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BMC Vet Res. 2018 Nov 20;14(1):357. doi: 10.1186/s12917-018-1669-8.

Application of different laboratory techniques to monitor the behaviour of a Mycoplasma synoviae vaccine (MS-H) in broiler breeders.

Author information

1
Department of Animal Medicine Production and Health - MAPS, Università degli Studi di Padova, Viale dell'Università 16, 35020. Legnaro, Padova, Italy. mlmoronato@gmail.com.
2
Avian Medicine Laboratory Mycoplasma Unit - SCT1, Istituto Zooprofilattico Sperimentale delle Venezie, Viale dell'Università 10, 35020. Legnaro, Padova, Italy. mlmoronato@gmail.com.
3
Department of Animal Medicine Production and Health - MAPS, Università degli Studi di Padova, Viale dell'Università 16, 35020. Legnaro, Padova, Italy.
4
Veterinary practitioner. Avicola Alimentare Monteverde SRL. Via San Donato, 107, 25038. Rovato, Brescia, Italy.
5
Istituto Zooprofilattico Sperimentale di Verona, SCT1, Via S. Giacomo 5, 37135, Verona, Italy.
6
Avian Medicine Laboratory Mycoplasma Unit - SCT1, Istituto Zooprofilattico Sperimentale delle Venezie, Viale dell'Università 10, 35020. Legnaro, Padova, Italy.

Abstract

BACKGROUND:

Mycoplasma synoviae (MS) is a major poultry pathogen which causes severe economic losses in all the productive sectors. The prevalence of MS in European countries has increased in the last few years, leading to greater attention to the available methods to prevent its spread. The main strategy currently applied for its containment is the development and maintenance of MS-free breeder flocks. A live MS vaccine (MS-H) obtained by mutagenizing an Australian field strain has recently been introduced in Italy. The aim of the present study was to evaluate the vaccine behaviour in broiler breeder groups at different production stages and the effectiveness of the available laboratory tests in discriminating the MS-H from a field strain.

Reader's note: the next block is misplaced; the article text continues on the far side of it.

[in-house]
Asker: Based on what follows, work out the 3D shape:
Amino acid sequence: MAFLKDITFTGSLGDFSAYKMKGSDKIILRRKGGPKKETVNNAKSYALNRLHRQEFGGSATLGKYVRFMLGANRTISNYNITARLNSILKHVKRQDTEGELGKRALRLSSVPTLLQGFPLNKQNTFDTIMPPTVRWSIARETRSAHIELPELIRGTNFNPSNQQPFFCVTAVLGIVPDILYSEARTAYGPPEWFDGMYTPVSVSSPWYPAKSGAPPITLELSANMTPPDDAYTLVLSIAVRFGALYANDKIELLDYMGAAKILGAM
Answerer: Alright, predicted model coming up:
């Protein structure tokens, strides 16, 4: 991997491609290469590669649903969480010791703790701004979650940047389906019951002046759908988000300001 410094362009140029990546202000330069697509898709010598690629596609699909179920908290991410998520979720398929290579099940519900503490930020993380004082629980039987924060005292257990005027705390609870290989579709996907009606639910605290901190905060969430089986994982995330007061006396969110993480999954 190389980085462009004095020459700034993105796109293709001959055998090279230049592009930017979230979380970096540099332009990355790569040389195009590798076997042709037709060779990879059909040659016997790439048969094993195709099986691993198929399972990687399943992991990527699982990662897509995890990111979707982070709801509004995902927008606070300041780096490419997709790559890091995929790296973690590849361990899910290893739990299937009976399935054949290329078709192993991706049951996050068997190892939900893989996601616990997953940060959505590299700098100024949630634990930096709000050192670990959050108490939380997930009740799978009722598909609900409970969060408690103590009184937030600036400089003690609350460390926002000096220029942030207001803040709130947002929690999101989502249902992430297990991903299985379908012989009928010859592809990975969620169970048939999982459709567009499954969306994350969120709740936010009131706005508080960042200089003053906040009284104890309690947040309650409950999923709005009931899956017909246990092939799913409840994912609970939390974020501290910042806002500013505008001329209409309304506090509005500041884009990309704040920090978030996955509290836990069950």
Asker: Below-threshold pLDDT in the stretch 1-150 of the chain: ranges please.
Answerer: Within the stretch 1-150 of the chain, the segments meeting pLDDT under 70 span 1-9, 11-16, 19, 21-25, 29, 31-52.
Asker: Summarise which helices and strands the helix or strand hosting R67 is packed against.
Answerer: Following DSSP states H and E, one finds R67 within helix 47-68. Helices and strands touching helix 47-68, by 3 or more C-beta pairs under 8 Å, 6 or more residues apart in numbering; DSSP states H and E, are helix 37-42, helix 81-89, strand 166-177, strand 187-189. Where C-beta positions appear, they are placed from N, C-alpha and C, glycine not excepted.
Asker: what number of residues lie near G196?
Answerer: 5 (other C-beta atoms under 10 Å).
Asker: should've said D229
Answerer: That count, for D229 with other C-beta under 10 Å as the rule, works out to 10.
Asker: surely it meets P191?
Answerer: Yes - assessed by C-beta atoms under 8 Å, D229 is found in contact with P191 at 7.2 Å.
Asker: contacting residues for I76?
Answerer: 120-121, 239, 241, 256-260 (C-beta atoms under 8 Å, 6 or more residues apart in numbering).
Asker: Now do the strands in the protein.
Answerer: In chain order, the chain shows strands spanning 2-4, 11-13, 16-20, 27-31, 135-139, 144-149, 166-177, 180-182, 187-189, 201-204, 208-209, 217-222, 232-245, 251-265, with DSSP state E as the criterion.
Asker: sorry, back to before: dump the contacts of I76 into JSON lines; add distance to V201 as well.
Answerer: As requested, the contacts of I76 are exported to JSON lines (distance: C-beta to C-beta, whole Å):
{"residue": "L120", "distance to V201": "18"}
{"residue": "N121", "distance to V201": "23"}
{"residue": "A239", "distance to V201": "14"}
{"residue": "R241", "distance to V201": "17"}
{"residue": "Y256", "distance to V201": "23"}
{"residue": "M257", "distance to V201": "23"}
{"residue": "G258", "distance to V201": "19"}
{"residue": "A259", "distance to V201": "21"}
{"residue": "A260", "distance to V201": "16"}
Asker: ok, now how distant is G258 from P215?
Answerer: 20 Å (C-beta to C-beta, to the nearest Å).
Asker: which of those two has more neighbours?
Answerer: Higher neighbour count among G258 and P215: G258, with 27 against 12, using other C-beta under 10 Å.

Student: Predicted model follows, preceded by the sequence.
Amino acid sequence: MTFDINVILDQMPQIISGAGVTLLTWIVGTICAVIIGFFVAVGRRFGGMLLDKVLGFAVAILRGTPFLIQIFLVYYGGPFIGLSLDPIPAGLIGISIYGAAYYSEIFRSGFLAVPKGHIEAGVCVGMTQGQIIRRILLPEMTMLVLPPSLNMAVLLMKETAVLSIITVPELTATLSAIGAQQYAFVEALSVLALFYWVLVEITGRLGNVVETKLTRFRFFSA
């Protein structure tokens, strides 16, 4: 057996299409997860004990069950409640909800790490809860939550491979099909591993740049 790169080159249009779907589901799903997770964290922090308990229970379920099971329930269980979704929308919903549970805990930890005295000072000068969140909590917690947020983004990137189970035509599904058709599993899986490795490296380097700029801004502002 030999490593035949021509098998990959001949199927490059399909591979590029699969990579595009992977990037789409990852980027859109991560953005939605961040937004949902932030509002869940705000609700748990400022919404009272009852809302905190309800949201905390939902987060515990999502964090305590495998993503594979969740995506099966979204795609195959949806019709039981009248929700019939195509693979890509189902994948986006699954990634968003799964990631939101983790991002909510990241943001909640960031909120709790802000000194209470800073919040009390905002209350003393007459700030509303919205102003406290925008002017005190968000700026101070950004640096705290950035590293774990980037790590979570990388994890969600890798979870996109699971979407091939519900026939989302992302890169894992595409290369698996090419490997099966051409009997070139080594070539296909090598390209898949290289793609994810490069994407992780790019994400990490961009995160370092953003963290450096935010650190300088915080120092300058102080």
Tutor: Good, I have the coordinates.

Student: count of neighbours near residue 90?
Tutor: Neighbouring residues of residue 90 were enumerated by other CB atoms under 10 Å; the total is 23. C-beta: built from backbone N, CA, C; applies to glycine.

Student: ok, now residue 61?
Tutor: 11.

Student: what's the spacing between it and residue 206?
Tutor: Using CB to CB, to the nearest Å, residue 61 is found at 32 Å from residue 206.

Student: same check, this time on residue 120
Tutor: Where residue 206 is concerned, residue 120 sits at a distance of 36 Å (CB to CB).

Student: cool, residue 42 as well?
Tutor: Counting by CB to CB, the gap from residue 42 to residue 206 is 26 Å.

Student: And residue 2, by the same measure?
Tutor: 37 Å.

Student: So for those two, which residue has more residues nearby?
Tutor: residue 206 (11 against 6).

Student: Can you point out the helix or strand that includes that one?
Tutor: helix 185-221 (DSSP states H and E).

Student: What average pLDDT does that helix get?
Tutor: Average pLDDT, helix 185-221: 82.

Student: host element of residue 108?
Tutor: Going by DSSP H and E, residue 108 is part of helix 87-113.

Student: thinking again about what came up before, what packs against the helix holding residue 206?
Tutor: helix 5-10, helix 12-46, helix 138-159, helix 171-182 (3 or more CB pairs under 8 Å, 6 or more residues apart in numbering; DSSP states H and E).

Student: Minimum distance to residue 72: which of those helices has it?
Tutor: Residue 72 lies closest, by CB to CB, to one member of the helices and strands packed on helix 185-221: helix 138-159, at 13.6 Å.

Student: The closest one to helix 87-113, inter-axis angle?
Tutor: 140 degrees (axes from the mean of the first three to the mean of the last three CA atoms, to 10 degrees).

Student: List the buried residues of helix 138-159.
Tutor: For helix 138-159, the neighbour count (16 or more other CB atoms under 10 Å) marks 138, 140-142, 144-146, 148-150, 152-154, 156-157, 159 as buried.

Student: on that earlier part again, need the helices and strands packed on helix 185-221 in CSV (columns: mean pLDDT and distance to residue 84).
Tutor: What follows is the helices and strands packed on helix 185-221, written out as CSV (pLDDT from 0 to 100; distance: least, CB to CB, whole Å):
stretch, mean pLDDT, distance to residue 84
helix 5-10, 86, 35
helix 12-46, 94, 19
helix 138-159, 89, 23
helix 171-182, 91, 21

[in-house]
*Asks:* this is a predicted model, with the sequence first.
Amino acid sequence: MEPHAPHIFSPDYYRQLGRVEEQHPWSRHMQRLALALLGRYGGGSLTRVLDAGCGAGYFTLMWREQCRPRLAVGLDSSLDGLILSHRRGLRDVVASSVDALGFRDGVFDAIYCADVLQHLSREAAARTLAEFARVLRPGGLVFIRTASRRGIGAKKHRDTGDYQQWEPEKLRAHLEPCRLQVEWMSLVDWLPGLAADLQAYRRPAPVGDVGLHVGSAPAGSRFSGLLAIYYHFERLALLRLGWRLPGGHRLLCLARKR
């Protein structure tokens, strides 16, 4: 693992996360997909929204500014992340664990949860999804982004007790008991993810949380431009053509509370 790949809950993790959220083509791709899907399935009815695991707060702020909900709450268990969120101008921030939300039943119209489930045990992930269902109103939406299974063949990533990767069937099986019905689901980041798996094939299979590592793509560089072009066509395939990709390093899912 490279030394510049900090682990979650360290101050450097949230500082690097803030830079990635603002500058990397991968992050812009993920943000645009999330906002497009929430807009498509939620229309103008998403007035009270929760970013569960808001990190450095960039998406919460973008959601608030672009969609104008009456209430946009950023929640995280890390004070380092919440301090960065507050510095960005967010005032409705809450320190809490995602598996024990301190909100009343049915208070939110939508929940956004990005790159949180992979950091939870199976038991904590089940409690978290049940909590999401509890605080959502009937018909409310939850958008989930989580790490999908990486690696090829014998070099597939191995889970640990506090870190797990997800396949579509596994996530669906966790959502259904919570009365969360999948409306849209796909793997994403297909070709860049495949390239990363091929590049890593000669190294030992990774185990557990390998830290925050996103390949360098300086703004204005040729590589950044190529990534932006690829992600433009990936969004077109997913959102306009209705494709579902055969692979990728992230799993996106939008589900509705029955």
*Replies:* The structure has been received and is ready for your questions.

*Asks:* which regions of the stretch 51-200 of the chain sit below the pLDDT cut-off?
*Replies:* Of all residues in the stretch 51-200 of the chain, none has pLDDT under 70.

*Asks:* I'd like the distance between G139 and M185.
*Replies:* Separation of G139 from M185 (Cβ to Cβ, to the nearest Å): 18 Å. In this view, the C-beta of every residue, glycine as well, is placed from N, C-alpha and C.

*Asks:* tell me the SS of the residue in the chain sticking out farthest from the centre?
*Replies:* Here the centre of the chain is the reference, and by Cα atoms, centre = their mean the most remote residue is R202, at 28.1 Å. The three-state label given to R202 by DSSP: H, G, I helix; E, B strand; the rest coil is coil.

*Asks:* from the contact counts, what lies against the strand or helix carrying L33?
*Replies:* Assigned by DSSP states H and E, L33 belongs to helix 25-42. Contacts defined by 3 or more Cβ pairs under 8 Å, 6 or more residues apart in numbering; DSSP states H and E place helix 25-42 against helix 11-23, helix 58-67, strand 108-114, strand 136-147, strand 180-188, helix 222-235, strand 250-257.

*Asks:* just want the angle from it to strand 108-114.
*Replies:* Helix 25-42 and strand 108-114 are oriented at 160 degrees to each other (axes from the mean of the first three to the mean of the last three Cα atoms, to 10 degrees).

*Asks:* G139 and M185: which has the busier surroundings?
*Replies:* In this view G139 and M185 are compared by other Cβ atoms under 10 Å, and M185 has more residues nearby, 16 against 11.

RESULTS:

The vaccine diffused extensively through the population, shown by the wide serological response (over 80% of positive samples in RSA and 85% in ELISA), the high serological titres, the positivity of all the tracheal samples collected during the production phase by MS PCR and the positivity by cultivation from tracheal swabs at the end-point (55 weeks after vaccination). In contrast, only one swab from a sternal bursa was positive in MS PCR, while all the joint and oviduct samples were negative. There was no evidence of vertical transmission. Different genotyping techniques were used to achieve a clear classification of the MS positive samples. The vlhA and the obg gene analysis showed that most of the strains were homologous with the vaccine, but some ambiguous samples were further investigated with the multi locus sequence typing (MLST) scheme which confirmed the homology.

CONCLUSIONS:

The development of a multi-technique approach to monitor vaccinated avian flocks, based both on serological and biomolecular methods, is advised as well as the use of effective genotyping techniques to analyse the MS strains circulating in high densely populated poultry areas.

KEYWORDS:

Chicken breeder; Genotyping; MS-H; Monitoring; Mycoplasma synoviae

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